if i retrieve a key by fingerprint:
FPR=0123456789012345678901234567890123456789 gpg --recv 0x$FPR
then modern gpg automatically applies an import screener that only accepts OpenPGP certificates that have the given fingerprint (either in the primary key or in an associate subkey). Presumably, the intent is to make it possible to refresh keys in a curated keyring, to resist the keyserver (or other operator) who offers the user a malicious key.
However, it's possible for someone else to make a new OpenPGP certificate that includes the key in question without knowledge of the secret key (e.g. as a non-cross-signed subkey).
As a result, an attacker can bypass the import screener and inject new primary keys into the keyring. I consider this a security concern for anyone who is trying to use GnuPG to manage a curated keyring.
By default, when doing --receive-keys with a fingerprint, the screener should only admit OpenPGP certificates that include a key matching the fingerprint which has a valid signature in the certificate itself. This means, for example, that either this is the fingerprint of the primary key itself, or it is the fingerprint of a signing-capable subkey that has a well-formed (and cryptographically valid) public key binding cross-signature.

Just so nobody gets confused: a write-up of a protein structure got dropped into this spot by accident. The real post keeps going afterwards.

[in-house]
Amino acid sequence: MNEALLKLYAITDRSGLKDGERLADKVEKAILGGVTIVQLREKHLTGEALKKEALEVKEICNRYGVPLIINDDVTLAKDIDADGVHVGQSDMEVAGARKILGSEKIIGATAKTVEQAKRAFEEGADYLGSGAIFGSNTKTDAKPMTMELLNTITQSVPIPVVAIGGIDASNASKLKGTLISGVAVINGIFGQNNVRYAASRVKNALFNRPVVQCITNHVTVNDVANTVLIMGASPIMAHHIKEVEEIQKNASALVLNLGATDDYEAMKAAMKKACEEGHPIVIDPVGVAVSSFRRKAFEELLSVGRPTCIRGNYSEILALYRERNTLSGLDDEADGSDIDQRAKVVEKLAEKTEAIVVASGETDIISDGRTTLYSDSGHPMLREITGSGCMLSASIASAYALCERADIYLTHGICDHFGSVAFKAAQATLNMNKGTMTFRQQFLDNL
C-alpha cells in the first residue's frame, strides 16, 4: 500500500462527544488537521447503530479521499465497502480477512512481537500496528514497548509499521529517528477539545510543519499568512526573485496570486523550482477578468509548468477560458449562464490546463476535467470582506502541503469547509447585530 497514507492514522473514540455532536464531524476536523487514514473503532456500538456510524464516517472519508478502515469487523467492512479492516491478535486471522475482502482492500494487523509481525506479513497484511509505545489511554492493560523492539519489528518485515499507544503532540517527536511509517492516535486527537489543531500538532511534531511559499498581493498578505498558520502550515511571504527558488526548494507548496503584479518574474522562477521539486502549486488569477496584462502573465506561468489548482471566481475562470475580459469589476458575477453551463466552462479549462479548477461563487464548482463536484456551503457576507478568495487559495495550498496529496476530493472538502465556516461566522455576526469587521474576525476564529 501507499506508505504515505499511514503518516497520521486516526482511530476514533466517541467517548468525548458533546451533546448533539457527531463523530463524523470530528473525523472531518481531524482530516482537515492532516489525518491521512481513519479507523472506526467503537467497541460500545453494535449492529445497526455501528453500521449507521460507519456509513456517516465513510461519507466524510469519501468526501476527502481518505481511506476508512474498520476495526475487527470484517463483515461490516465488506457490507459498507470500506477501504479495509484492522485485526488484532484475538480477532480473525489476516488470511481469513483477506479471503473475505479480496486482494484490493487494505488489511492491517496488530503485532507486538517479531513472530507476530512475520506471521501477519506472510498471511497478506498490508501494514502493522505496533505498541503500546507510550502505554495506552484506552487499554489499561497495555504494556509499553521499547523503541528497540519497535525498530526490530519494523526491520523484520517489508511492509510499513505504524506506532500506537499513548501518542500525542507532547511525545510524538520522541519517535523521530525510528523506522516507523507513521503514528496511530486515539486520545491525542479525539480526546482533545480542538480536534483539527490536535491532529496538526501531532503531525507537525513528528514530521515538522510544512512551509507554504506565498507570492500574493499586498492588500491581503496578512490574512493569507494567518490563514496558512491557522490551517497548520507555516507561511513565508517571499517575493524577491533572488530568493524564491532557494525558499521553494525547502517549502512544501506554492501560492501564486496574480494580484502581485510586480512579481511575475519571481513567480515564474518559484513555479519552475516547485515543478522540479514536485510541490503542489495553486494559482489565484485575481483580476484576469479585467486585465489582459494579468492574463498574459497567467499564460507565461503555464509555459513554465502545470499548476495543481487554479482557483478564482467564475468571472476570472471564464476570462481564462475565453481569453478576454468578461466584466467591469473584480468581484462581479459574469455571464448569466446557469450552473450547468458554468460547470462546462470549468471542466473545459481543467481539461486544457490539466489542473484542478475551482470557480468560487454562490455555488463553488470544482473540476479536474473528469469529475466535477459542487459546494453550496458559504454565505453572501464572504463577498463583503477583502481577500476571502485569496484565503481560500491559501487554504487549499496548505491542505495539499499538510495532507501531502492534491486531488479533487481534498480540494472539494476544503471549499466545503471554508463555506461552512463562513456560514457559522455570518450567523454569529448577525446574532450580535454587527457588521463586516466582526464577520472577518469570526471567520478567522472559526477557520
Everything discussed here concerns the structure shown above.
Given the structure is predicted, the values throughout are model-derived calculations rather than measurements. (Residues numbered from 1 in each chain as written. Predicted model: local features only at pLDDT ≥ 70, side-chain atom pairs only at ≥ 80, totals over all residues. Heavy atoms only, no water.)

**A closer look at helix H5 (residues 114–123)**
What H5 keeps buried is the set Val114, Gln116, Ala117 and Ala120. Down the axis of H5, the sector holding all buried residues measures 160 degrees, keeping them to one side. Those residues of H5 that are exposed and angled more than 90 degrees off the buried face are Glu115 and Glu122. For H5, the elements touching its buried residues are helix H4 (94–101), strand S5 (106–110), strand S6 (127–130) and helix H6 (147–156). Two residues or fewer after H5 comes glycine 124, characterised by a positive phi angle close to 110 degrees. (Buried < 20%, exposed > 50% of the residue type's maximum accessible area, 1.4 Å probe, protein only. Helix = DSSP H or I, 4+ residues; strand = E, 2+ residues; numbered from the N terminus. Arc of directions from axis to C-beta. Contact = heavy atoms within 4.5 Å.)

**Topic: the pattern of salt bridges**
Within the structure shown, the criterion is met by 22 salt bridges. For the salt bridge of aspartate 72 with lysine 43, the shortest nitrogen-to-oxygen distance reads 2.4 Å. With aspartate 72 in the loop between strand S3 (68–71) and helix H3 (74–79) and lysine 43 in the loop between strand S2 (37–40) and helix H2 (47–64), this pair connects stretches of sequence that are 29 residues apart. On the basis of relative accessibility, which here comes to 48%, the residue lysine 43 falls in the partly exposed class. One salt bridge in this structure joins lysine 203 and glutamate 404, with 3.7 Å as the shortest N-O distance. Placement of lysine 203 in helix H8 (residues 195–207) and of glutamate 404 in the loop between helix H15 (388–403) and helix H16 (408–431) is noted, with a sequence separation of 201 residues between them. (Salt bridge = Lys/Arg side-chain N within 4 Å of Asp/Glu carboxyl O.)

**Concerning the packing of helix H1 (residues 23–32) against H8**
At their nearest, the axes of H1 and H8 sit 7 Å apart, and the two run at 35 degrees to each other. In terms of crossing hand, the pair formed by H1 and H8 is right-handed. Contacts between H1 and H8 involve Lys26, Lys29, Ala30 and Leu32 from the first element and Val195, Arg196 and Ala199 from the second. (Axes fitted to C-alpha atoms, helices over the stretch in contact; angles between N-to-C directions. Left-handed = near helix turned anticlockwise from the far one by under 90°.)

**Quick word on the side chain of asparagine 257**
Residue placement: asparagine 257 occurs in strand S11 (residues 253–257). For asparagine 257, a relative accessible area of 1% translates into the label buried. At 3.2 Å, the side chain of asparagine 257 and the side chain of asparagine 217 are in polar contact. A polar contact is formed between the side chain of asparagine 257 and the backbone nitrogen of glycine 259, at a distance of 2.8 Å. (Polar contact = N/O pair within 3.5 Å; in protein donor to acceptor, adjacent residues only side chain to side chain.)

This would mean that:
- refreshes of a curated keyring would still work
- you could still fetch a key based on the "Issuer Fingerprint" (or "Issuer Key ID") of a signature (in order to validate the signature) even if it was a subkey, because signing keys need cross-sigs
- you could not necessarily use --receive-keys for retreiving a key based on the embedded key ID in a PKESK (e.g. "let's see who else this message appears to have been encrypted to"). I think this is a minor use case by comparison with the above two use cases, and it is less security-sensitive. Perhaps we could add an additional option (--keyserver-options no-require-signature-when-fetching-by-fpr?) that would re-enable this use case, if we want to support it.